Look at bigger picture, says Maszlee - New Straits Times, 10 Jun 2019

Education Minister Dr Maszlee Malik says there are jobs available to those who graduate from technical and vocational education and training courses.

KUALA LUMPUR: MORE than 5,000 technical and vocational education and training (TVET) courses and science courses offered by universities, polytechnics and technical universities have not been taken up.

Although those courses have greater job prospects, students are not enrolling in those classes.

They include sustainability science, applied plant science, forest resource technology, product development technology, natural resources science, agribusiness, applied physics, industrial chemical technology and business engineering.

Since 2017, 1,251 courses in public universities have been suspended or cancelled. This number is almost 30 per cent of the total courses offered in public universities.

“Maybe it’s not ‘sexy’ enough, but students don’t understand that those courses allow them to be employed even before they graduate,” said Education Minister Dr Maszlee Malik in an interview with the New Straits Times Press.

He cited the cybersecurity course offered by Politeknik Mersing, where students could gain employment even before graduating.

“But when it comes to TVET courses, people do not understand as it is a term that explains everything under the sun, and it may be too vast.

Kolej Vokasional Setapak fashion students staging a show in Cheras, Kuala Lumpur, recently. FILE PIC

“What I like to emphasise is that there are jobs available in those courses.”

He also said the number of non-Bumiputera students enrolling in polytechnics and technical institutions was very low, and many were focused on entering matriculation and public universities.

“It’s (matriculation) not the only path. We have Form Six, polytechnics, diploma studies and the Teachers’ Education Institute, which do not have any quota. So now, we want others to look at the bigger picture.”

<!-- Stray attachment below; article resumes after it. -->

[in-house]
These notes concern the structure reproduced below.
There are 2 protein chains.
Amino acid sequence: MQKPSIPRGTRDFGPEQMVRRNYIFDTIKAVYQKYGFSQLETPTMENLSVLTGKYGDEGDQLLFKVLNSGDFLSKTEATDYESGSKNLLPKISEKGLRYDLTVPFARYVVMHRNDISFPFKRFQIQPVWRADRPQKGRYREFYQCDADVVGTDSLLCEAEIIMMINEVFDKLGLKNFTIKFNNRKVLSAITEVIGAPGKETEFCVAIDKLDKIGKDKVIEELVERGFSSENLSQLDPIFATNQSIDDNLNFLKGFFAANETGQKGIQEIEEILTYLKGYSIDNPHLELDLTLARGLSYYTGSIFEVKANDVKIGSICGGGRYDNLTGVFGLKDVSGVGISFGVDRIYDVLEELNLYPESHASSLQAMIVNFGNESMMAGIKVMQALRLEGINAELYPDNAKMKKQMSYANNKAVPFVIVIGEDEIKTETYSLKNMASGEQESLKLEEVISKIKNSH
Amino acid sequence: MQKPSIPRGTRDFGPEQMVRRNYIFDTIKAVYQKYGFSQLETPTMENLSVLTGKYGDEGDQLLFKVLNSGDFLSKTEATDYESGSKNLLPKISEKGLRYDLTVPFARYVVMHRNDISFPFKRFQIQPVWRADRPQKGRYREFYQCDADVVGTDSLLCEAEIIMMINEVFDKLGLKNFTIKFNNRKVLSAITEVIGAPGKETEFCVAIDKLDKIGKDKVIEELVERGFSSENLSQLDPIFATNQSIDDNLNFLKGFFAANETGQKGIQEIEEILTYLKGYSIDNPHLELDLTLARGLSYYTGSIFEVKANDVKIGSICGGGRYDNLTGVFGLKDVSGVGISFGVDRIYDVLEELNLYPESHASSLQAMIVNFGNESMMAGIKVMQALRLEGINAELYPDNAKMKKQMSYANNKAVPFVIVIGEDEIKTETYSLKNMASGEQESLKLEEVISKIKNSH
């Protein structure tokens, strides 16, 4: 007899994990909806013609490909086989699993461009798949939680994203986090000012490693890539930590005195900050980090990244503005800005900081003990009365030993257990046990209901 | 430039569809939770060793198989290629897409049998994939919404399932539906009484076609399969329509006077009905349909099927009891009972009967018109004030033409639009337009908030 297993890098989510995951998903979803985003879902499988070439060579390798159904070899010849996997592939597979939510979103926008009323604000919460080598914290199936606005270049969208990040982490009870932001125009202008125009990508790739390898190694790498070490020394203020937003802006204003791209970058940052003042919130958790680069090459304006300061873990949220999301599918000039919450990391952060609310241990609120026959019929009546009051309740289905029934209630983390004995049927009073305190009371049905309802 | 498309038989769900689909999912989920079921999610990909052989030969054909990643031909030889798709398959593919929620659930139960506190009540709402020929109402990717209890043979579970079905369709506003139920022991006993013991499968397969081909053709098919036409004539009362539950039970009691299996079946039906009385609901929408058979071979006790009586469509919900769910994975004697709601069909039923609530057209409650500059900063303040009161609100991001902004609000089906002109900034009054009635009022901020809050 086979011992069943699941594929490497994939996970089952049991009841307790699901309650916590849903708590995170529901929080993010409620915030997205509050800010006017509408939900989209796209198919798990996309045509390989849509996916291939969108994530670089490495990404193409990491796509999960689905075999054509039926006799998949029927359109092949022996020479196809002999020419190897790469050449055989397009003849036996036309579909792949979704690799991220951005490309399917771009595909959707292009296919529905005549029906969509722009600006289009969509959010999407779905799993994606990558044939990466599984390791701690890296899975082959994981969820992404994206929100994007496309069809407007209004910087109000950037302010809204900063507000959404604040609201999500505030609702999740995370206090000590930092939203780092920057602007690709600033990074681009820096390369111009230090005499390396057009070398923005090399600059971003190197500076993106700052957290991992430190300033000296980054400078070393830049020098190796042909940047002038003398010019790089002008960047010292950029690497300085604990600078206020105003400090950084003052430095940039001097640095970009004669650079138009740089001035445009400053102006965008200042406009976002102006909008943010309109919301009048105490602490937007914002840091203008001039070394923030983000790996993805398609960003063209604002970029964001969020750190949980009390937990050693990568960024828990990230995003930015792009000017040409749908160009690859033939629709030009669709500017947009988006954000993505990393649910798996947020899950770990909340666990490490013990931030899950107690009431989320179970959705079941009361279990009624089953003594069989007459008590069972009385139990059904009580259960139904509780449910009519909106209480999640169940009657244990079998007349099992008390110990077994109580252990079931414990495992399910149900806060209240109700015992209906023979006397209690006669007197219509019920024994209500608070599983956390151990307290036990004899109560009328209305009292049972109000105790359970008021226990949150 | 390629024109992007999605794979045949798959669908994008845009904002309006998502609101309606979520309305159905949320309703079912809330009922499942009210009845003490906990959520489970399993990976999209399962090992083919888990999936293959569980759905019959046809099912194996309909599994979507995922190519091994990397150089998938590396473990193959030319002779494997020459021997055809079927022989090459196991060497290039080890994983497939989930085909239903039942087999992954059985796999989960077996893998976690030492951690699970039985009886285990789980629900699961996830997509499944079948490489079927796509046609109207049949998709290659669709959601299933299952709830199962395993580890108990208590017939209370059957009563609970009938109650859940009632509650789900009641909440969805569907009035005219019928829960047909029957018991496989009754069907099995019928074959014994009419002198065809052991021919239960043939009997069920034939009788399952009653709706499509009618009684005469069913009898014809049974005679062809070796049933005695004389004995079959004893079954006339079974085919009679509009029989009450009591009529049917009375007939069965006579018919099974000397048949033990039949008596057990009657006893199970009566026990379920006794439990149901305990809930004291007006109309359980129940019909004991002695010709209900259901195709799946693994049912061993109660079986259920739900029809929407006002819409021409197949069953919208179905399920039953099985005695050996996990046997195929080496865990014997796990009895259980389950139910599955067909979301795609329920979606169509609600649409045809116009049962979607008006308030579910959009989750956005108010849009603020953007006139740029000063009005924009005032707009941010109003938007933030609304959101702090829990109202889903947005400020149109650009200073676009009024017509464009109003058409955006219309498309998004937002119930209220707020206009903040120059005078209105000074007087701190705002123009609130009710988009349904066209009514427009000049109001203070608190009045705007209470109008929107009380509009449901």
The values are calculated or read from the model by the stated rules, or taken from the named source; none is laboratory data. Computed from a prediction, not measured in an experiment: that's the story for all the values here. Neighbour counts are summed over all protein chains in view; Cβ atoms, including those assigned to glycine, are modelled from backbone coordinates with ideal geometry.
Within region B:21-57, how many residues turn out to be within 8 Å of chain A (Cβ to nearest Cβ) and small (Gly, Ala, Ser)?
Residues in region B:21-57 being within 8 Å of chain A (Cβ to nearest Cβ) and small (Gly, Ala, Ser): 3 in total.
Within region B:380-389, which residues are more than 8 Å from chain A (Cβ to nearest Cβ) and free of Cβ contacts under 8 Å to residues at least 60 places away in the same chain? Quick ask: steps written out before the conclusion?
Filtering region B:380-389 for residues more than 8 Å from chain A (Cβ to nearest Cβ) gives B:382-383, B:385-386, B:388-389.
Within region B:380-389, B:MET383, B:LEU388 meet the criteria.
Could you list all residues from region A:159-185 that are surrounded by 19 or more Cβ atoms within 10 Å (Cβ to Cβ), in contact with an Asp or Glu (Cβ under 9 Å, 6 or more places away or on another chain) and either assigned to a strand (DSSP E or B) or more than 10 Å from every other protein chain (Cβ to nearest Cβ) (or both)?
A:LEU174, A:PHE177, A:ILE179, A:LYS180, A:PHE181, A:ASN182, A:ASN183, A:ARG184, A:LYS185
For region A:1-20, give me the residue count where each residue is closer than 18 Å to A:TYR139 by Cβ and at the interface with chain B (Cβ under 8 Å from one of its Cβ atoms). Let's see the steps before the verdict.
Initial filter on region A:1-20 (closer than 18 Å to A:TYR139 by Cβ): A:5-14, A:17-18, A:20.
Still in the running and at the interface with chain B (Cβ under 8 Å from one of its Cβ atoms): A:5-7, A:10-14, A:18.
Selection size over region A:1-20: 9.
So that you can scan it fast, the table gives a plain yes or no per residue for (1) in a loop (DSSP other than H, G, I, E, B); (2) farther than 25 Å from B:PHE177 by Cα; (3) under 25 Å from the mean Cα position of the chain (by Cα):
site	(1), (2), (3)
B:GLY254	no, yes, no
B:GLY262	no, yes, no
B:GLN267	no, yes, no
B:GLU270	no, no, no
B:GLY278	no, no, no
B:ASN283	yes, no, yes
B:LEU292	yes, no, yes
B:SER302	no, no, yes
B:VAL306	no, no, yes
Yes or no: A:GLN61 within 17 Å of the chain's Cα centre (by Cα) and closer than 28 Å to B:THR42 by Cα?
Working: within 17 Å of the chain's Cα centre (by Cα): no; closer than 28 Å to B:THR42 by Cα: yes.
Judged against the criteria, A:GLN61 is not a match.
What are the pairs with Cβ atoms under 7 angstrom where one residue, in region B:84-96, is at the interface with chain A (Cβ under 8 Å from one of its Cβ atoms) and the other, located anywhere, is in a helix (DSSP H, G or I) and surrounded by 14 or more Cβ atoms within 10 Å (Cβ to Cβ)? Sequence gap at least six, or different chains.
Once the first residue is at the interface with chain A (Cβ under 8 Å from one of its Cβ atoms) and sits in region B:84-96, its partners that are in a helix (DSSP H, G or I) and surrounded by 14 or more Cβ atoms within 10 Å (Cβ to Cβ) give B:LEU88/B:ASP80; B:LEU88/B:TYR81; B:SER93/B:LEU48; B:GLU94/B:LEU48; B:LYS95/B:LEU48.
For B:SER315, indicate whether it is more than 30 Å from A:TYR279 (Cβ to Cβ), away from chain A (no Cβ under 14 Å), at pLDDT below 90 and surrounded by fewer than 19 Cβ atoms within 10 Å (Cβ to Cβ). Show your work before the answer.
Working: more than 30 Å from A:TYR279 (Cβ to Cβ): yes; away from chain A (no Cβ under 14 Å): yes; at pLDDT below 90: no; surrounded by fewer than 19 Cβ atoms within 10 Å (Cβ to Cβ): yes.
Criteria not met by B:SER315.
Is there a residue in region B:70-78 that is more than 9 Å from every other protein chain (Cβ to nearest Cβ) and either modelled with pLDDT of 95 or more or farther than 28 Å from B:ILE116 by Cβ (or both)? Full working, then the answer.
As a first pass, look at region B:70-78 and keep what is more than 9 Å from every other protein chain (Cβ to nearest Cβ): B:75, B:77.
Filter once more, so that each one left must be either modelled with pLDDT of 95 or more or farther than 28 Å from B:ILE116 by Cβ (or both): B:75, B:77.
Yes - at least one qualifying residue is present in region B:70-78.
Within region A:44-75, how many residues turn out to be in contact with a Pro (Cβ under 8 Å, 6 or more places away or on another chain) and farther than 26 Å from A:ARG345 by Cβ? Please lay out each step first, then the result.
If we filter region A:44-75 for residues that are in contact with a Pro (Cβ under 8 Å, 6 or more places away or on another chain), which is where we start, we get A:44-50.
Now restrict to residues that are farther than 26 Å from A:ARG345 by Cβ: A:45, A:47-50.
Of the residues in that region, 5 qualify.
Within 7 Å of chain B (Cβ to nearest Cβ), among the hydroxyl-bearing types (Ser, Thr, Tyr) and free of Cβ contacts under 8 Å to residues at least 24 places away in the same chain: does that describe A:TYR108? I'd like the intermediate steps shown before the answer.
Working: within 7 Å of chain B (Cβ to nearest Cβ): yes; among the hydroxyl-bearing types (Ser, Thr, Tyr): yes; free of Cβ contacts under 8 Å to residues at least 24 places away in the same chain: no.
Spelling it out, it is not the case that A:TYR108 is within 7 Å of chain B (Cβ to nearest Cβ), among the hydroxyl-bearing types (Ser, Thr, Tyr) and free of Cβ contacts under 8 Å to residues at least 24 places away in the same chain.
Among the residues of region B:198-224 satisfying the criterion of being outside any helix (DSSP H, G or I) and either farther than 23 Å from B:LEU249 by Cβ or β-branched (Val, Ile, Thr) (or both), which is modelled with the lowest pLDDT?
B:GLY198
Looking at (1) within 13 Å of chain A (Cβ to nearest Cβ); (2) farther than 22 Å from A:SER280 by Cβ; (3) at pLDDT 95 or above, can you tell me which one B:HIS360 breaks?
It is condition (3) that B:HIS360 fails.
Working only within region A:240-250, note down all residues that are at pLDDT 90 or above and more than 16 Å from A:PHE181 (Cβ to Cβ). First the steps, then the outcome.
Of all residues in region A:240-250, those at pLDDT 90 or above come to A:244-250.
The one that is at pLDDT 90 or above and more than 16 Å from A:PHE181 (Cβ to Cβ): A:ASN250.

However, Maszlee said there were weaknesses in the ministry’s steps to disseminate information and guide people through the options. In April, he had said the ministry was looking into rebranding TVET programmes, and this included the possibility of changing its name to a more appealing one.

He said the ministry would make TVET a mainstream education choice for students because they viewed it only as a second option and believed it might not help them much in the future.

  • Hits: 48


   Kementerian Pendidikan Malaysia,
   No. 2, Menara 2, Jalan P5/6, Presint 5,
   Pusat Pentadbiran Kerajaan Persekutuan,
   62200 Putrajaya, Malaysia. 

   icon telephone  Telefon : +60 38870 6000 
   icon fax  Fax : +60 38870 6885
   icon emel  E-mel : Alamat emel ini dilindungi dari Spambot. Anda perlu hidupkan JavaScript untuk melihatnya.
qrcode border

Hak Cipta Terpelihara 2019 © Kementerian Pendidikan Malaysia (KPM).
Paparan terbaik adalah dengan menggunakan pelayar Google Chrome versi terkini. Sesuai juga menggunakan pelayar Internet Explorer versi 9+, Microsoft Edge, Mozilla Firefox, Safari & Opera versi terkini dengan resolusi 1366 X 768 dan ke atas. 
Penafian | Dasar Privasi | Dasar Keselamatan | Panduan Portal | Pasukan Web | Peta Laman
Tarikh Kemaskini 24 Jun 2019, 16:41.